A: The answer to this question is simple: listen. Many of us struggle with seeing people we care about in pain and so most of us listen with the intent to respond- we're not fully listening and instead are scanning our minds for solutions we can offer in an effort to help. While well intended, this can leave our loved ones feeling unheard, misunderstood, and alone in their feelings. Listening without trying to fix or respond can be deeply supportive. It's okay to not know what to say and to sit in silence; your presence alone can feel helpful to someone struggling with their mental health. If you feel pressured to say something it's okay to keep it simple and say "I'm so happy you shared that with me, can you tell me more" or even "I don't even know what to say right now but I am here with you and want to know more about what you're going through".

If you truly feel like this person may want your help in exploring ways to fix what they are going through, it's always a great idea to ask them before offering your ideas. A great way to do this is by simply saying "I care about you and am wondering if it's more helpful for you if I just listen right now, or if you'd like me to help you think through solutions?"

Q: What can someone expect in a first appointment with a therapist?

A: Each therapist is different, but typically they will review informed consent and other practice documents, let you know what to expect from your work together, review your goals for therapy, and give you an opportunity to get to know us and feel out if we're a good fit or not. I often find myself saying that I know that I'm not the right fit therapist for everyone, and no therapist is. I wholeheartedly believe that the perfect fit therapist is out there for every person and that first session is an opportunity for you to feel out if you're with a therapist who could be the right fit for you.

Q: What are some great mental health crisis resources?

A: Text or call 988 – National Suicide and Crisis Lifeline, or for those living in the Upper Peninsula, visit

Q: Are there any resources for people who want mental health support but are struggling with the cost?

A: Explore employee assistant programs (EAP), many employers will offer EAP benefits for their employee's, employee spouses and/or dependents. EAP's (like Northstar) provide their members with access to mental health information, resources, and even low fee or no fee therapy services.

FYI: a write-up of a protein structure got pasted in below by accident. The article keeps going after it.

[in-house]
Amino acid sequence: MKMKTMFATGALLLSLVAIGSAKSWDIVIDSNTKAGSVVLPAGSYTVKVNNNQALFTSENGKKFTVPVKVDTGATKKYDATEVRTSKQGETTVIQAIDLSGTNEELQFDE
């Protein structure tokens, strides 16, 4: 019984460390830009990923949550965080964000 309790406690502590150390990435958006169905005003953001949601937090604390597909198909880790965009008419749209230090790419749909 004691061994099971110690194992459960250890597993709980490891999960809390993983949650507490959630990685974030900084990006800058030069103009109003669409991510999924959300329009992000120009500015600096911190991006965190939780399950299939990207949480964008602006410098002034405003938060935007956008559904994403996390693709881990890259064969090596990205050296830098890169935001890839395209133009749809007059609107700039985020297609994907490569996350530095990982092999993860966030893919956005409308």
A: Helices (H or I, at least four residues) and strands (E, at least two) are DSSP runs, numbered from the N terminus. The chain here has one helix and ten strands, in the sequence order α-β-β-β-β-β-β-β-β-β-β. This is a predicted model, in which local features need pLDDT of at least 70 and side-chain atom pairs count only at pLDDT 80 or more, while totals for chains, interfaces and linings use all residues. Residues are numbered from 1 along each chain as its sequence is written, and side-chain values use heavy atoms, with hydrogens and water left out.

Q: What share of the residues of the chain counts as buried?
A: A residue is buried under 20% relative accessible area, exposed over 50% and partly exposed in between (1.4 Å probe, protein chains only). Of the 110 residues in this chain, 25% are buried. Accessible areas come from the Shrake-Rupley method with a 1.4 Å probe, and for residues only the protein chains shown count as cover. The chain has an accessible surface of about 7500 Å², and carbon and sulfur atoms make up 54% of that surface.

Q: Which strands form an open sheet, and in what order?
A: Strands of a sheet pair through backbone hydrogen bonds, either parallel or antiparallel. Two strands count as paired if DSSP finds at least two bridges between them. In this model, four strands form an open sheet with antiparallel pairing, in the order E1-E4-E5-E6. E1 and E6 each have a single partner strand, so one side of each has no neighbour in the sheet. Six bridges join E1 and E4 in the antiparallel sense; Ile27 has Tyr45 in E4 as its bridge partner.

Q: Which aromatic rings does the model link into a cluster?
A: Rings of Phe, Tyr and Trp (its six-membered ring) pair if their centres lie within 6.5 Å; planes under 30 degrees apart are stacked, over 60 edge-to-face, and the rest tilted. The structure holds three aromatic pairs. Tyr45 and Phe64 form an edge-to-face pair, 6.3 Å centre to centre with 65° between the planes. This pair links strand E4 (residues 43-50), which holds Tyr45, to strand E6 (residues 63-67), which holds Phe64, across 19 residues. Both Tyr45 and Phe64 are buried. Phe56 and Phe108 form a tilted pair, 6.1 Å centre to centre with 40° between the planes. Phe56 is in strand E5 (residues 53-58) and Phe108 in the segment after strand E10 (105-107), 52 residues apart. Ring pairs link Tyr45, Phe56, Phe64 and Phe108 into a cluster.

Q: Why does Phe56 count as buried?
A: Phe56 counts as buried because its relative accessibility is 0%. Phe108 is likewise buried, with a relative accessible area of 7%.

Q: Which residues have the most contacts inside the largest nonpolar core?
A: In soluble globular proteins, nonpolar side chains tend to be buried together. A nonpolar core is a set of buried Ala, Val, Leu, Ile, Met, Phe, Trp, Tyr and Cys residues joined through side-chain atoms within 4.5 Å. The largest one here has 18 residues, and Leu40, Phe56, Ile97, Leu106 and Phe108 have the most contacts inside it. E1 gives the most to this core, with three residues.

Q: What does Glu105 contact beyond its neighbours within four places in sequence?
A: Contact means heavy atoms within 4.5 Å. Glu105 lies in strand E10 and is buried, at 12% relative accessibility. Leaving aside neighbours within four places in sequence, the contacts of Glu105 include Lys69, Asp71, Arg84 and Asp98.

Another great resource is which connect people to low and reduced fee therapists.

College students should consider their campus counseling center where students can often access free or reduced fee counseling services.

Many therapists offer a few reduced fee, or pro-bono (free) spots on their caseload and you can always ask a therapist if they have any of these spots available.

Q: What would you say to someone who tried therapy once and didn’t like it?

A: I know it can feel really hard to give therapy another try after a poor experience. Remember that fit is essential to making therapy work, and there are many different therapists out there with different personalities, approaches, styles, techniques, etc. The right therapist is out there for you and when you're ready I encourage you to give it another try. The journey to finding a therapist can be overwhelming, but once you find your perfect match it will be totally worth it!

Note: This blog post is not intended to replace professional advice. If you are experiencing severe anxiety or mental health issues, it is recommended to consult with a licensed mental health professional. If you are in a crisis, please seek help immediately.

About the author: Sarah Santiago is a licensed professional counselor in Michigan. She provides therapy to Michigan college students and emerging adults (ages 18-29) virtually. Her specialties include helping clients work through anxiety, eating disorders, and improving self-confidence.